One of the early developers working on Netscape Navigator has put the 1994 version of the company’s website online. [via kottke.org]
One interesting surprise comes on the Netscape 1.0 product page:
IT’S CONSISTENT: Netscape is available – and is functionally identical – on Windows, Mac, and Unix X Window systems. This common look, feel, and behavior is a major advantage in mixed computing environments, where training and support are minimized.
This “feature”—an iron-fisted cross-platform consistency—dates the browser’s development considerably, in a more subtle (and more interesting) way than, say, the <b> tags in the original content or the Netscape products logo. To see how, compare it to Mozilla UE designer Alex Faaborg’s position on Firefox 3 from late last year:
Visual integration with Windows and OS X is our primary objective for the Firefox 3 refresh.
Faaborg goes on to detail their efforts on both operating systems—the post is more than 1700 words long—and to point to related discussions of Linux integration (significantly more complicated due to the variety of distributions available). The post has prompted 105 comments in the months between its appearance and this writing.
More to the point, taking just my home OS as an example, there are more integration-related bugs filed than I care to count, ranging from the minutest of interface details to heart-wrenching cries for help.
In short, the Firefox dev team has taken great pains to work towards seamless integration with a variety of operating systems, and the user community has shown great interest in this movement.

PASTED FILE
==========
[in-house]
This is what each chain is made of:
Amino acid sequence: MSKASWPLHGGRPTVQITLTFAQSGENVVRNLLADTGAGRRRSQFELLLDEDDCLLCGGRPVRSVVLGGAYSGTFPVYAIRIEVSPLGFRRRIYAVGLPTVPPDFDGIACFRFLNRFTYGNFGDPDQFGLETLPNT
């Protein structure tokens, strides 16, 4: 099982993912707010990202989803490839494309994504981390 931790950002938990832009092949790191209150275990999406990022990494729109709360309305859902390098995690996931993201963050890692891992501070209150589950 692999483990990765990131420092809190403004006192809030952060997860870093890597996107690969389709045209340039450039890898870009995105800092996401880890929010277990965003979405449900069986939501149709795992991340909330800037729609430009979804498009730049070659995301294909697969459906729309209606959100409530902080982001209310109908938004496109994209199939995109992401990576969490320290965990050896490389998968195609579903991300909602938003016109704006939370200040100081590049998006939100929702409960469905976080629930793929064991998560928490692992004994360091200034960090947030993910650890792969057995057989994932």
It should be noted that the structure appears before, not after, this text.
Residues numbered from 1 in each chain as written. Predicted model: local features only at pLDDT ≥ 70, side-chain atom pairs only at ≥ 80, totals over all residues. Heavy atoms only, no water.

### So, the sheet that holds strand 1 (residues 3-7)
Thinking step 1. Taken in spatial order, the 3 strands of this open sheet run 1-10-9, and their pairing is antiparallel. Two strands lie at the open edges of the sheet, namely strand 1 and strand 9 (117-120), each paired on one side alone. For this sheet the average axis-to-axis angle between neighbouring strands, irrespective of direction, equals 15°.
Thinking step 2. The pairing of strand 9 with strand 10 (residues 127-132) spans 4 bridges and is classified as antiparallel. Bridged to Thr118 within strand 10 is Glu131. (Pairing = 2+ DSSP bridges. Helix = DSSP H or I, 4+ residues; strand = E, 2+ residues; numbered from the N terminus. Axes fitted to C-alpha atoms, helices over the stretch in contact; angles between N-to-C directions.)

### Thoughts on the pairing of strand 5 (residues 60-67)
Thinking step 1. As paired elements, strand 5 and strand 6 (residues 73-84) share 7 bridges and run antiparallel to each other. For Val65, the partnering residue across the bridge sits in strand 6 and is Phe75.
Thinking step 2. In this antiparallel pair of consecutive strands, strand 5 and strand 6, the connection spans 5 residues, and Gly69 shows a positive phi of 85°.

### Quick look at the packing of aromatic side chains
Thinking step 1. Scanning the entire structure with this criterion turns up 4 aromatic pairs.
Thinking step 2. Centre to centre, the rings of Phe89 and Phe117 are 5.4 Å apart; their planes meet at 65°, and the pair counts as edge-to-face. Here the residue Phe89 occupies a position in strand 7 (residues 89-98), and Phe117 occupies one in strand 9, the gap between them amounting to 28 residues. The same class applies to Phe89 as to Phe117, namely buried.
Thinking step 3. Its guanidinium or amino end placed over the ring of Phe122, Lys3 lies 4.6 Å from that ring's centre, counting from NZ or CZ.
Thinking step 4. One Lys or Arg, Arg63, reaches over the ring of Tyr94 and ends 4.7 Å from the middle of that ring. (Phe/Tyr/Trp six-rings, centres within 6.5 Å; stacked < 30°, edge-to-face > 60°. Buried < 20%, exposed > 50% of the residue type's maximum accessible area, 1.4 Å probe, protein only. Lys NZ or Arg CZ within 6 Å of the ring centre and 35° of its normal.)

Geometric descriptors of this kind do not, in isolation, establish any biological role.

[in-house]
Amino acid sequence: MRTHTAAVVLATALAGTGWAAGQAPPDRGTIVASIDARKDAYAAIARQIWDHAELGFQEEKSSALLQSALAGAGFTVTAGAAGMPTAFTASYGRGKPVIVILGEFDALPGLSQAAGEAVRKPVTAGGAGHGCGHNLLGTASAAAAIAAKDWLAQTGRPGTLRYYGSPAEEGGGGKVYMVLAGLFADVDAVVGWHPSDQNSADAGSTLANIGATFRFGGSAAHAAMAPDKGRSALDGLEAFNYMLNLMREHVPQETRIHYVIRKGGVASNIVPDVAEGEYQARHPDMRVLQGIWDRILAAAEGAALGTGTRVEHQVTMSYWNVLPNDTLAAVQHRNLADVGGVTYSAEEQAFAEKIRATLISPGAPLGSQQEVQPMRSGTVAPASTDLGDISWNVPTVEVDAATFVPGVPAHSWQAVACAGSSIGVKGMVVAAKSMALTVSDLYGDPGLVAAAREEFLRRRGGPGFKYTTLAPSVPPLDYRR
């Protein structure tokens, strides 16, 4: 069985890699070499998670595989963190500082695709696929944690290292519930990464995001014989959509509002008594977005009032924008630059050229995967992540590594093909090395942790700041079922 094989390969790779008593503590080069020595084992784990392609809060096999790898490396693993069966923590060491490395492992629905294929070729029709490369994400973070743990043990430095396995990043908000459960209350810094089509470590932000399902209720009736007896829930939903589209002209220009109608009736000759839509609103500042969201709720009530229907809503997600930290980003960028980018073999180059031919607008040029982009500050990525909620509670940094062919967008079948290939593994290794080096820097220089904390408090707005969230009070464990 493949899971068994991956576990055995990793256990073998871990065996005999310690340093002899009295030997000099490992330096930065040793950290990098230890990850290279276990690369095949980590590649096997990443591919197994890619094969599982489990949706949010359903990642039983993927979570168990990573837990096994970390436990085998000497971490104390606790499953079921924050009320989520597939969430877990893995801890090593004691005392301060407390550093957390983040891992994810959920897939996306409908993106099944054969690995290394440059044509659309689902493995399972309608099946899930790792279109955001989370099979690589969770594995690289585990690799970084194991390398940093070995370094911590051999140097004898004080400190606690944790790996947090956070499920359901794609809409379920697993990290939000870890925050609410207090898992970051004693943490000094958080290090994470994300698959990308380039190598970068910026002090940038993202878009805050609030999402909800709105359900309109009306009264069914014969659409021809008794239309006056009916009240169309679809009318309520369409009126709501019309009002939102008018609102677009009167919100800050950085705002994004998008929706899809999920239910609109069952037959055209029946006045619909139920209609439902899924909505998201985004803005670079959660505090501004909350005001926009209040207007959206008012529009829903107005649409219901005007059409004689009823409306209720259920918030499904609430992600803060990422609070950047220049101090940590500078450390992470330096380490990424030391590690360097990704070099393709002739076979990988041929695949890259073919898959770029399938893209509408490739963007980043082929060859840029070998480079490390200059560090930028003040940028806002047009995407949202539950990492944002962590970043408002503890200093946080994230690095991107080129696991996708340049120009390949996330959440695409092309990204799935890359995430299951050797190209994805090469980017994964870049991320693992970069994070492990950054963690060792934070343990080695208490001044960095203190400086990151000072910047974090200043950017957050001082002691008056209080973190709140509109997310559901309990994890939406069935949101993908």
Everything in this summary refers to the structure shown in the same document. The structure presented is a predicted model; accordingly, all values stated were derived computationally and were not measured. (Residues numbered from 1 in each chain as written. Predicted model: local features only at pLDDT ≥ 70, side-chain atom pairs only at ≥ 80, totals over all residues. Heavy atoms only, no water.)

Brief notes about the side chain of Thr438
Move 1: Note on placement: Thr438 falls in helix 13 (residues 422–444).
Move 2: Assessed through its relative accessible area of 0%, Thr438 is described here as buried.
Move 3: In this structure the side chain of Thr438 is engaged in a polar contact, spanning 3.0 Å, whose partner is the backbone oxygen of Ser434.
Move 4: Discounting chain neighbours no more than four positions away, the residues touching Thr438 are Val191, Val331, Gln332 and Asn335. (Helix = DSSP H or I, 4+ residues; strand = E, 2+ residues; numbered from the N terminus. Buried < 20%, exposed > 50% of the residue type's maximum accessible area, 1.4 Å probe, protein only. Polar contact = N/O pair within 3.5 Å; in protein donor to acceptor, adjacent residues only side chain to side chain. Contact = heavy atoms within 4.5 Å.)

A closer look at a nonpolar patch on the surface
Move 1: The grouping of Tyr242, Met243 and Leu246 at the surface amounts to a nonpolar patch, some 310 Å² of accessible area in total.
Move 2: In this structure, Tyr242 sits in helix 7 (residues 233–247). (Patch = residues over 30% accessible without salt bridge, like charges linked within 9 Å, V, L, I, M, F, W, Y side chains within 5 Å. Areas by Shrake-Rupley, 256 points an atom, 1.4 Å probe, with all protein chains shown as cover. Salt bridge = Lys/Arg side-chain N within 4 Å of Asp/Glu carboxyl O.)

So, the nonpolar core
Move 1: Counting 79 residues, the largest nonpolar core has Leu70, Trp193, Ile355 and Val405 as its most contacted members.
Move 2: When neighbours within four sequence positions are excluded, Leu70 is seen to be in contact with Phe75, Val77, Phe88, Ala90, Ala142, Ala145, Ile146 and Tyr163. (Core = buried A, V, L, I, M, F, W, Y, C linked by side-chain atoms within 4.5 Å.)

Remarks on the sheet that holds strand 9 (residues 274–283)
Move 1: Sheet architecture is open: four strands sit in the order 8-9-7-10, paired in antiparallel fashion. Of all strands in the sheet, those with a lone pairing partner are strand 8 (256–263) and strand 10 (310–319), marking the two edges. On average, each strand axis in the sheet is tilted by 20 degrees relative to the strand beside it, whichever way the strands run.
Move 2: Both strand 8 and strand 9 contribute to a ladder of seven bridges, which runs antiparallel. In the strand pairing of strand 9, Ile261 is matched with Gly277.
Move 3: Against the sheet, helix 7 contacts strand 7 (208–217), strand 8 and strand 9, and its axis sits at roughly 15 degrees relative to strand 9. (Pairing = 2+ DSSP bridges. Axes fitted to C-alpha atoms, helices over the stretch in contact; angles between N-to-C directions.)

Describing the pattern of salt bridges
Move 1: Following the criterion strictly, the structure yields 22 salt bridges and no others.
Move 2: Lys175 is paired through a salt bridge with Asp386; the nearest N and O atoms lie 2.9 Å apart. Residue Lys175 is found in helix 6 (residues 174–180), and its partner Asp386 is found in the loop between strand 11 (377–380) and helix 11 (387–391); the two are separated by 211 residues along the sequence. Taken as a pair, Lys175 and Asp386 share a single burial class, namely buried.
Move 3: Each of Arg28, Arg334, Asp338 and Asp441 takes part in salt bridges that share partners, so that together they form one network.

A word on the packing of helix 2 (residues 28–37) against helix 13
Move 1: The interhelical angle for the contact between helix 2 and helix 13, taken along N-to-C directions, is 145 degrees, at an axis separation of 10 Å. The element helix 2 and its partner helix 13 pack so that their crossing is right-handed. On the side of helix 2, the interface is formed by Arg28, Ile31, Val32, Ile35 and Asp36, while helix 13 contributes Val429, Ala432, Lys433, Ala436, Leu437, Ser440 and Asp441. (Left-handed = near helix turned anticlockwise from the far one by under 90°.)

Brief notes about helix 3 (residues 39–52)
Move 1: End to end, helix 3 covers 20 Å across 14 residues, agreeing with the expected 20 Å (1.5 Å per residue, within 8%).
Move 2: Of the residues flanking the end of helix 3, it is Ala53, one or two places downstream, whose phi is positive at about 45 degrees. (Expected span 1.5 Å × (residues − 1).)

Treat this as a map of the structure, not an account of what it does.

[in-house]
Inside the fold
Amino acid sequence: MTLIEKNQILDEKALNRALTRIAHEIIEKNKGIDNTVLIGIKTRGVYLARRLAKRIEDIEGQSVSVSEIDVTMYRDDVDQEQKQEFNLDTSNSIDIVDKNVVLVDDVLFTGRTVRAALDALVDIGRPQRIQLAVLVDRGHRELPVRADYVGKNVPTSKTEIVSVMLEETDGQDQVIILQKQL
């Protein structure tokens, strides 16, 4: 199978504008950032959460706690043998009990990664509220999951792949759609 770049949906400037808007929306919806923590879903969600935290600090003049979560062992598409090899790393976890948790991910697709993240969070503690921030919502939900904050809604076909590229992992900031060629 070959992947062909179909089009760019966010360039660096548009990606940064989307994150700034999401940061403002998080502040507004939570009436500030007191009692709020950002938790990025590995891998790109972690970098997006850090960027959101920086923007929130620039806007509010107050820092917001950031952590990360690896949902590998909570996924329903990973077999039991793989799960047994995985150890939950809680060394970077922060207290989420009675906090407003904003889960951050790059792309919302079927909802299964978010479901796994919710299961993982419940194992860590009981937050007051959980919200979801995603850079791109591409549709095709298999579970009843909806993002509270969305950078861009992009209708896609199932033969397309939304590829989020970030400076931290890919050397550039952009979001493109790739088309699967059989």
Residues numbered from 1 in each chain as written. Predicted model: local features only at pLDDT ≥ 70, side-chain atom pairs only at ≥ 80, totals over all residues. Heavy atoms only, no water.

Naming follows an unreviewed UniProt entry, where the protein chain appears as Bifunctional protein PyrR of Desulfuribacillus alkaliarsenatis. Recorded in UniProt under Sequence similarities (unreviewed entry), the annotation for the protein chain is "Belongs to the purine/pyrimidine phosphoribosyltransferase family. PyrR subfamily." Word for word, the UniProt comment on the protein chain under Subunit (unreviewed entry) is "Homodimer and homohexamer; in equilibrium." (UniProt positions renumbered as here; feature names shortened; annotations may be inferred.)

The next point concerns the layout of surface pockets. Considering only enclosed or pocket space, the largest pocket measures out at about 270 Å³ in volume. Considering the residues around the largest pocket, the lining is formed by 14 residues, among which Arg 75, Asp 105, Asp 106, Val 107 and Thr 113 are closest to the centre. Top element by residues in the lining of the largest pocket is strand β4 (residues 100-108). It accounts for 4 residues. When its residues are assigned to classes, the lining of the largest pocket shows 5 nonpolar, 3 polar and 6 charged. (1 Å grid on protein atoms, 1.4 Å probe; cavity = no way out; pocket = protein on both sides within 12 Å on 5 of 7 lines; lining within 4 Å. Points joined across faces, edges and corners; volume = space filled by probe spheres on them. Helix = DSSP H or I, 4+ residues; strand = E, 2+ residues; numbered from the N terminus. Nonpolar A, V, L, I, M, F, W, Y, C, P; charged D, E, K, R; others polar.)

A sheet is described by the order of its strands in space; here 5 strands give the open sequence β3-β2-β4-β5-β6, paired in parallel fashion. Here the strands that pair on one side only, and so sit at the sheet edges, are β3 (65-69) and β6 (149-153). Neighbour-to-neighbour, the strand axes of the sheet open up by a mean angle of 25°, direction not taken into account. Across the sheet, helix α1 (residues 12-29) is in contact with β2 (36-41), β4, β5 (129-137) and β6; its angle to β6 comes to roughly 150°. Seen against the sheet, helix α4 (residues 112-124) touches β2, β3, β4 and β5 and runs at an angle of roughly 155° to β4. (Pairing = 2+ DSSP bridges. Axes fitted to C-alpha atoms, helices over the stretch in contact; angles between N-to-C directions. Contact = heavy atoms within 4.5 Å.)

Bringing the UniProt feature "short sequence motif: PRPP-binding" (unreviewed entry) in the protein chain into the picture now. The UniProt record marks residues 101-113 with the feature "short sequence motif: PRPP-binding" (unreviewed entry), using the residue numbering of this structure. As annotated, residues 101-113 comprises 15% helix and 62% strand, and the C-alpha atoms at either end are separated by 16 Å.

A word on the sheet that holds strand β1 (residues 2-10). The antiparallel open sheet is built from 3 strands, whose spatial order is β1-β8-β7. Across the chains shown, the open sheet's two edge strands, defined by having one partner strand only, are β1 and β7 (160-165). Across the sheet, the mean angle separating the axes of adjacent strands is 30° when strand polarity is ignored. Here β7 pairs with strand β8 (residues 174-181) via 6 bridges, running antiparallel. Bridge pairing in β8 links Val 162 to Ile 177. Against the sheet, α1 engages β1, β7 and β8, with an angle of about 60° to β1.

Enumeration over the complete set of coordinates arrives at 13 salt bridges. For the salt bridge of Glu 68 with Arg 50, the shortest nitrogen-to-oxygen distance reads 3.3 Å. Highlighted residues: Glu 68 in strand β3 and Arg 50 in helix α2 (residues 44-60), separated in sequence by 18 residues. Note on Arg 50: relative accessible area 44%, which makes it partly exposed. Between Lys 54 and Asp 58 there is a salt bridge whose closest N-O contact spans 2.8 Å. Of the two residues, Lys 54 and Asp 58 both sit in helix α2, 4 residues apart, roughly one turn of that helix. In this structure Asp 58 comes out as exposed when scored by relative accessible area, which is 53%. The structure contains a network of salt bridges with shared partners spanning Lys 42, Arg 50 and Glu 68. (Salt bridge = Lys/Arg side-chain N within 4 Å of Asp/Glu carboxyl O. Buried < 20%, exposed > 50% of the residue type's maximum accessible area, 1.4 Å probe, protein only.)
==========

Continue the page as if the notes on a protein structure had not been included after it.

What has changed since Netscape’s early days to propel these integration efforts? My guess, an obvious one, is that we no longer live in a computer culture in which the biggest decision-makers about browsers are administrators of large-scale computing systems. Though many of us do use systems on which we have limited control over software, at work and in computer labs, we also use our home machines, on which we have free reign. And even on those limited-access computers, we may be presented with several browsers to choose from.
Evidence of this older model may be even more striking, in the pitch for Netscape 1.0 above, than the cross-platform consistency itself; the audience for the pitch is clearly a set of people in a position to impose use of a single browser on many other people. By contrast, one need only look at the background image on the Firefox website to determine the target audience: empowered single users participating in a consumer economy. 14 years is a long time, but my, how things have changed.